Manifesto for Queer Universal Design
By: Monika Myers & Jason Crockett
Manifesto for Queer Universal Design
Disability activists have long supported the concept of “universal design”: a standard for how buildings, educational activities, websites, and other materials should be designed so that all users, regardless of their ability or disability, have equitable access. We apply the concept of space to queer theory in a novel way: specifically, by applying the concepts of universal design to queer theory.
In applying these principles to the concept of queerness, we do not imply that queer bodies are somehow distinct from non-queer bodies. Instead, we use these principles to try to imagine a social system that is universally designed for all sexual orientations. We imagine a “universally designed” family, career, religion, community, friendship, politics, parenting, and other social institutions.
PRINCIPLE ONE: Equitable Use The design is useful and marketable to people with diverse abilities.” In terms of queer bodies, we imagine a world where queers have the same access, not special and unique access, to social institutions. For example, there should not be “special” bathrooms designated for transgender people. Instead, all bathrooms should be available to transgender people. Similarly, we imagine a world where queers have the exact same access to social institutions, such as military service, rather than separate access under different restrictions.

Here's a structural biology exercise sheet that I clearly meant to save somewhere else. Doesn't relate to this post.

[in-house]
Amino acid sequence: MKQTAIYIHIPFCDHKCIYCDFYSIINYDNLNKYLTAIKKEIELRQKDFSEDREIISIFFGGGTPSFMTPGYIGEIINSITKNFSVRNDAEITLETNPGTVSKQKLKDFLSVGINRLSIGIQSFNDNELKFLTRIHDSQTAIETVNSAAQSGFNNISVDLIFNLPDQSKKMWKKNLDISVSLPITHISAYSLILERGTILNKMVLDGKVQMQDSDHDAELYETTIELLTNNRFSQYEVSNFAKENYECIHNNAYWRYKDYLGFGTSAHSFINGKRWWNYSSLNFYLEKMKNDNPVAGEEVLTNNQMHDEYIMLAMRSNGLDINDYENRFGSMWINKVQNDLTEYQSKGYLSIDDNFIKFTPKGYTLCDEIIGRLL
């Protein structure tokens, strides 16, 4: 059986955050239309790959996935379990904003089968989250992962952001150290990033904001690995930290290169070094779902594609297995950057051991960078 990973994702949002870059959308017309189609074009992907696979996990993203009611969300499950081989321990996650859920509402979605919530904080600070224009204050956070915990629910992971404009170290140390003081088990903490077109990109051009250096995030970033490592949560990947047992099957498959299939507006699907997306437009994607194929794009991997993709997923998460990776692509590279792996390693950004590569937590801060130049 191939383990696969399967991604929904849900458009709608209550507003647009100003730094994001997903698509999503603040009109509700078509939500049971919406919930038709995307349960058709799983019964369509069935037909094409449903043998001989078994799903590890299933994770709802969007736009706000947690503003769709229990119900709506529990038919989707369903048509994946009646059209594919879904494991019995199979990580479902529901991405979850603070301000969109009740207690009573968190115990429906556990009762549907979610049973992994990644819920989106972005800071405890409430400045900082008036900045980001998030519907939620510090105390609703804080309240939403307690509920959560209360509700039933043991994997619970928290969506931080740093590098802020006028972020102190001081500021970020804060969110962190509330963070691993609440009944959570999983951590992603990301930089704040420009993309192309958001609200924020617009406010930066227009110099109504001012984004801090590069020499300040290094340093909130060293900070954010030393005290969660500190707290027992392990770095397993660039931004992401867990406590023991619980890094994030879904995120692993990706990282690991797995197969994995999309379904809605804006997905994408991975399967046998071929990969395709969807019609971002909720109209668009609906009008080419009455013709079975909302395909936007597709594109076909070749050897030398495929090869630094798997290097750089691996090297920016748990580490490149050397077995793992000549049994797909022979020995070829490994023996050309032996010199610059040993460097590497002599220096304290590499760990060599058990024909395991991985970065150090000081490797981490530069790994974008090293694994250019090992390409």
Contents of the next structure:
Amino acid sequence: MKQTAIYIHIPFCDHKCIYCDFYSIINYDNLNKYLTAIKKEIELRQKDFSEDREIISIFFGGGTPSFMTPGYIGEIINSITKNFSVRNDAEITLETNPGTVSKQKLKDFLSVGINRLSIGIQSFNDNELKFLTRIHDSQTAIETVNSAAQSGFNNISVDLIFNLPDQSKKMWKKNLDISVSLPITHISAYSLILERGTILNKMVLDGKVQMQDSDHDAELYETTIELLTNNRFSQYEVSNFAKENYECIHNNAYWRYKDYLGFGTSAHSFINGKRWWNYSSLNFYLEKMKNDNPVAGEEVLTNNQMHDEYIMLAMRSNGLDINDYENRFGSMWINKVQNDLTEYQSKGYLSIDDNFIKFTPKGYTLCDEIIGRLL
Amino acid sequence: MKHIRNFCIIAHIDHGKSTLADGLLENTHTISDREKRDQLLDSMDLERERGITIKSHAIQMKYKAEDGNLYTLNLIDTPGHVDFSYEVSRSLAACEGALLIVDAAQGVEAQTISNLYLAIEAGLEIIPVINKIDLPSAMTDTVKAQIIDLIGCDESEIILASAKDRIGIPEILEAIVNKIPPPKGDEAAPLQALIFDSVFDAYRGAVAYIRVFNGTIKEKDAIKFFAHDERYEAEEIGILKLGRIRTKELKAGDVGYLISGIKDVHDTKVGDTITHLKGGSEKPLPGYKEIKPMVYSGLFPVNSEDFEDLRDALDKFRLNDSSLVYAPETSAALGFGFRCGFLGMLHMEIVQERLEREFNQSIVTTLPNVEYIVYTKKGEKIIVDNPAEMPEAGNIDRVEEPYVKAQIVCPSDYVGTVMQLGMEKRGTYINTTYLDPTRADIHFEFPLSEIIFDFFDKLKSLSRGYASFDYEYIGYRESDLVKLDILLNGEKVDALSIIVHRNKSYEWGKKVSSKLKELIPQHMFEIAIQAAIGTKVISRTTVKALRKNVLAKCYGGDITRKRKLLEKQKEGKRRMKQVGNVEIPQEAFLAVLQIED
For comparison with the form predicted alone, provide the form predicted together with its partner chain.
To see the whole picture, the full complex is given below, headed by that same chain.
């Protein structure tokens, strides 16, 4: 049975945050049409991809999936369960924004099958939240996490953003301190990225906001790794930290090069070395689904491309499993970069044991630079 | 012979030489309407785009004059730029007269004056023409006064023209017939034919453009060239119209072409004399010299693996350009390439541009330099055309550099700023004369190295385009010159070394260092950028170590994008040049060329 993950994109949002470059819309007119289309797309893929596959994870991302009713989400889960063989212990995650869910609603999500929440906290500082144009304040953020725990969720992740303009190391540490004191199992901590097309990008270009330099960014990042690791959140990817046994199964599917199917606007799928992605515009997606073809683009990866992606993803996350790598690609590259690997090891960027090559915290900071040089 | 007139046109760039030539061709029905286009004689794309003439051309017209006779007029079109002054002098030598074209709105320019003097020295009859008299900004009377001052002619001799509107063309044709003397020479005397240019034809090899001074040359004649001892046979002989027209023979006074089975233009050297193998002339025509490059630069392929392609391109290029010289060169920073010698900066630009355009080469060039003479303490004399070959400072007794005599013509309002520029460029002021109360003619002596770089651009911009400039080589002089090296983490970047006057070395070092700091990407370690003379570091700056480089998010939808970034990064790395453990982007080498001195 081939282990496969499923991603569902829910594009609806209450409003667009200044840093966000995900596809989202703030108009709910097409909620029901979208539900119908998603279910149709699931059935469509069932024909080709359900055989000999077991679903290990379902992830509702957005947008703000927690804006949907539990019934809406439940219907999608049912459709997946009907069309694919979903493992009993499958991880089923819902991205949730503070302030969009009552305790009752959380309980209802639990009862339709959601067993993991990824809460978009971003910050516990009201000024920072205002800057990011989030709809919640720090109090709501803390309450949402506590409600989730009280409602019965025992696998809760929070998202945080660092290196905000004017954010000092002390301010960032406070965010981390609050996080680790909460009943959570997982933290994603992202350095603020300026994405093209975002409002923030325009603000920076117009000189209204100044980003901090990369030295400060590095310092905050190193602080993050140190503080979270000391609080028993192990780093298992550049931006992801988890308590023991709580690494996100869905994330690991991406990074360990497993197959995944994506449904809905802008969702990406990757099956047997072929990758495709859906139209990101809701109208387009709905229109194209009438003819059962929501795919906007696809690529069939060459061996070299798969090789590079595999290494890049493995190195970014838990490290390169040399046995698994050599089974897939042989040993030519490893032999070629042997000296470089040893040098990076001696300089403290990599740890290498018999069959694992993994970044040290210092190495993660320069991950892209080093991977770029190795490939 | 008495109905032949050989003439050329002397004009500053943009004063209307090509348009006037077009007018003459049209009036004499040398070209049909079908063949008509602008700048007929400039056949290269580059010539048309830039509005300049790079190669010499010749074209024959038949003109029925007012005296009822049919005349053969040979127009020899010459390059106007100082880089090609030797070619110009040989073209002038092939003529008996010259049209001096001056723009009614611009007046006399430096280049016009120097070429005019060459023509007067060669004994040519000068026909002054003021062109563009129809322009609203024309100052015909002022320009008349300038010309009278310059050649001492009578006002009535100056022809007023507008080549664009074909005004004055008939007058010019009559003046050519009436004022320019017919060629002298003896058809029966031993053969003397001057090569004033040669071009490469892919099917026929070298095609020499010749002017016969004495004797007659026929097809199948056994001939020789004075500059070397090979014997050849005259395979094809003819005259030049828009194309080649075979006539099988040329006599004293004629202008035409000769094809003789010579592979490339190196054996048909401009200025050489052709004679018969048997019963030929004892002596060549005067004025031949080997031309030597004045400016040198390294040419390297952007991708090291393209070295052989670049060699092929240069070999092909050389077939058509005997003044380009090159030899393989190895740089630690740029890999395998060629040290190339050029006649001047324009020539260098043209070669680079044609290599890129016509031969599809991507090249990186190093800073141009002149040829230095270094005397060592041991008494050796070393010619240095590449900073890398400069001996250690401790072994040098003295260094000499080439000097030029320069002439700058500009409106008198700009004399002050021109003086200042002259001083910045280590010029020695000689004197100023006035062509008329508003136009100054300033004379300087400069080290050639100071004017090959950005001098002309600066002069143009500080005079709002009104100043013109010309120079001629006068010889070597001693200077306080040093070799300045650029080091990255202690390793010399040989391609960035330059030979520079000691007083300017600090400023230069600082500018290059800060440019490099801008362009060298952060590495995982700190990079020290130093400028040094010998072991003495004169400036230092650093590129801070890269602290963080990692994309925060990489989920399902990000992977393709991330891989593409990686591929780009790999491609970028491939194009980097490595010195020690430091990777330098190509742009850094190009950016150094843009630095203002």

PRINCIPLE ONE: Equitable Use Social institutions are equitably available to people with diverse gender and sexual orientations.
PRINCIPLE TWO: Flexibility in Use The design accommodates a wide range of individual preferences and abilities.” Social institutions, like marriage, can be used for different reasons by different people.
One couple may use marriage for the purpose of reproduction. Another may use marriage for a different purpose, like honouring a lifetime friendship. The same institutions should be available to all people. Another good parallel would be options of intimate partner relationships. Currently, heterosexuals and some queers have access to marriage. Queers and some heterosexuals have access to civil unions. Others have access to domestic partnerships. In our queer vision, everyone has access to all of these options. A straight couple and a gay couple should each be able to select from a range of options including marriage, civil unions, and domestic partnerships, depending on their individual needs.
PRINCIPLE TWO: Flexibility in Use Social institutions accommodate a wide range of individual, family, and lifestyle preferences.
PRINCIPLE THREE: Simple and Intuitive Use Use of the design is easy to understand, regardless of the user’s experience, knowledge, language skills, or current concentration level.” We believe that being queer should not require special paperwork. Some social institutions, like parenting, require substantial more effort for queers. For example, in many states, a gay couple must provide evidence of their committed relationship in order to be eligible to adopt. This requires them to meet a higher and different standard than heterosexual couples. We believe that a queer vision involves LGBT people being free from additional requirements to document their relationship.